Divorce is a difficult prospect to face even under the best of circumstances when spouses agree to part amicably. But when one spouse has been the victim of years of gaslighting by the other, leaving a toxic marriage becomes even more challenging. Victims of gaslighting may not live in reality to the same degree as people outside of the marriage. Instead, they might have many false ideas about the world, how they’re perceived by others, and whether or not they can function effectively outside of the marriage.
The term “Gaslighting” comes from the 1938 London theater production, Gaslight, and then a later film released by the same name in 1944. The film, Gaslight, starring Ingrid Bergman and Charles Boyner, focuses on a husband’s attempts to drive his wife to insanity by convincing her that she’s imagining the dimming of the gaslights in their home as well as the sounds she hears in the attic at night, while also playing tricks on her to convince her that she’s a kleptomaniac. “Gaslighting” has become a way to describe the deceptive process one person uses to convince another of untruths, erode their confidence, and manipulate them into psychological dependence.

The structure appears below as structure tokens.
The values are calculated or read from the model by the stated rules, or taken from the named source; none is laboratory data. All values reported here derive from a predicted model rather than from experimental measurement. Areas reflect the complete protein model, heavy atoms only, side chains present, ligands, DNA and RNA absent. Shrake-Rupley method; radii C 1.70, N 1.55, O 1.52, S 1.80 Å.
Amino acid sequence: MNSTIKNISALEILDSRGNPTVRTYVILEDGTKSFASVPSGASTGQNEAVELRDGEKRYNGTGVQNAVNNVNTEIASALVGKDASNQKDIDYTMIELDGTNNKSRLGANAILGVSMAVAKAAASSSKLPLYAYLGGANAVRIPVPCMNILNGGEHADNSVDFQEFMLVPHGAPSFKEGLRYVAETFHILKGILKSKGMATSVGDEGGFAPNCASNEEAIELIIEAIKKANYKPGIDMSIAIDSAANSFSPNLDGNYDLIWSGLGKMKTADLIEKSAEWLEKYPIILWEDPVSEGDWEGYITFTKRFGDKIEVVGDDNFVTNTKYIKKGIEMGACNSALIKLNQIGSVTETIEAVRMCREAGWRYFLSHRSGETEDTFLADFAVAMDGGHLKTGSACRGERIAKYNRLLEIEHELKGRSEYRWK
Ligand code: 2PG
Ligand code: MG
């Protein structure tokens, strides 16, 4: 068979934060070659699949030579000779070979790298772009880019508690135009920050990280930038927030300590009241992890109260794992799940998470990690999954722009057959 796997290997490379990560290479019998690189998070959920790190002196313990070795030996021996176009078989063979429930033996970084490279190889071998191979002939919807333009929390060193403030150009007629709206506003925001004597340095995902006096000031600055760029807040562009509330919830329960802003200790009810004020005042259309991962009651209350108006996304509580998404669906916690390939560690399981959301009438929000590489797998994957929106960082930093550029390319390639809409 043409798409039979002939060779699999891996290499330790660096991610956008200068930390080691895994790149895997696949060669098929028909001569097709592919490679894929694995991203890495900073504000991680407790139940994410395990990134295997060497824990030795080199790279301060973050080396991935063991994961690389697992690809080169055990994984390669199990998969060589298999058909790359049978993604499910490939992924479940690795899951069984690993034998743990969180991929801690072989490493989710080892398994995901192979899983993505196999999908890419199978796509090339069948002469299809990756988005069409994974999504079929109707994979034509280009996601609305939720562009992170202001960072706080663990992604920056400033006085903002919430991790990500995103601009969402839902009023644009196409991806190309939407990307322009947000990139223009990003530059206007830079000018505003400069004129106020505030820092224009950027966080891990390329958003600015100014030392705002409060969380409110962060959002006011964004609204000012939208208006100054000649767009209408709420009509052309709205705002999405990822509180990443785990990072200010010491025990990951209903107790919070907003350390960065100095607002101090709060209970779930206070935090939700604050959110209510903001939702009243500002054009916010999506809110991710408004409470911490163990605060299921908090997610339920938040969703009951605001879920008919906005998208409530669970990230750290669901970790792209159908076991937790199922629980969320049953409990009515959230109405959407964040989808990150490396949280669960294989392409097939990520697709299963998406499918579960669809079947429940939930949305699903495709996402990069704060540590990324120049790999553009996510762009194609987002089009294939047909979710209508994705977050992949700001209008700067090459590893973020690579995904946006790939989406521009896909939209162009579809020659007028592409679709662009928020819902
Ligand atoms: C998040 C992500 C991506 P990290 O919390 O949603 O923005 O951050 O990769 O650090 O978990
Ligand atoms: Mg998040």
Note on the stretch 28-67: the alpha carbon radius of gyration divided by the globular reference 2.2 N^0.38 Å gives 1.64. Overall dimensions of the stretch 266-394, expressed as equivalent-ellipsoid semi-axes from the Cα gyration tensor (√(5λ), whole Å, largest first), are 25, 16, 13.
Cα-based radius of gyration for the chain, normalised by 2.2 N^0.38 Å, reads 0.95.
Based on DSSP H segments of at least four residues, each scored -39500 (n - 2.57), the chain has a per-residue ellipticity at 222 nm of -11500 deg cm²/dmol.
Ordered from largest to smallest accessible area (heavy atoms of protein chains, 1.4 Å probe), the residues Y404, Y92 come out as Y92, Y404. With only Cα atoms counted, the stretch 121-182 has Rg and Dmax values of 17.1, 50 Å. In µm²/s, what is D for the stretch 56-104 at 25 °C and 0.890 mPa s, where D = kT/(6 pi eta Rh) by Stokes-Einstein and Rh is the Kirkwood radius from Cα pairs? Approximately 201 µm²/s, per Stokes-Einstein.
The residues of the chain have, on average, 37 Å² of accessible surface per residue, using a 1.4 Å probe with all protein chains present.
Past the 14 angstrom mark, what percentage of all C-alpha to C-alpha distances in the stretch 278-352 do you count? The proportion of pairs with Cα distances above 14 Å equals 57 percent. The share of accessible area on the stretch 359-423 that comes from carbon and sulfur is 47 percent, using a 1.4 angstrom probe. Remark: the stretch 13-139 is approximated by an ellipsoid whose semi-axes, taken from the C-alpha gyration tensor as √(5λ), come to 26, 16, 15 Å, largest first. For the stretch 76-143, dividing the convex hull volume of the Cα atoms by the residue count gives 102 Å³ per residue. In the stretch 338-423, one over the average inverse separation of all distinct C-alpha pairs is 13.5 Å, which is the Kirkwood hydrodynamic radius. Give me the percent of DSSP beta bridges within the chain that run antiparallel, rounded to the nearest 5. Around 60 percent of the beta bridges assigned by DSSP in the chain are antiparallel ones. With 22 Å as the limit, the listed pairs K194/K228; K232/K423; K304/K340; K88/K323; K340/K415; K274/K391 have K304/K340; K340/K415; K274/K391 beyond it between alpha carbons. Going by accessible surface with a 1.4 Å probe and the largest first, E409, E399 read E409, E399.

Gaslighting is a common tool used by abusive and often narcissistic spouses as a powerful mechanism for control. During a divorce, a gaslit spouse may make poor legal decisions and accept property division and child support arrangements that are not in their own best interests.
When one spouse is the victim of years of gaslighting, it may take years for them to look back clearly and recognize the manipulation that took place during their marriage. Some signs of gaslighting in a marriage include the following:
While many victims of gaslighting don’t fully realize the way they were manipulated until years later, in some cases, a person might grow and mature during the marriage to a point that they begin to suspect what the gaslighter is doing.
Some signs that you might be the victim of gaslighting include the following:
Many victims of gaslighting never file for divorce because they’ve been manipulated into accepting a situation that’s bad for them and they’ve been convinced they can’t get by on their own. It often takes a very serious incident of abuse or other egregious behavior to cause a gaslighting victim to seek a divorce. Once they do, they may not argue for what they deserve because the power balance in the relationship has been tipped one way for so long.
If you are a victim of gaslighting, a strong, dedicated attorney can passionately defend your interests throughout the divorce proceedings despite attempts at manipulation from the other spouse. By using a third-party advocate to communicate with your spouse during the divorce process, you can take the first important steps toward regaining independence and self-confidence.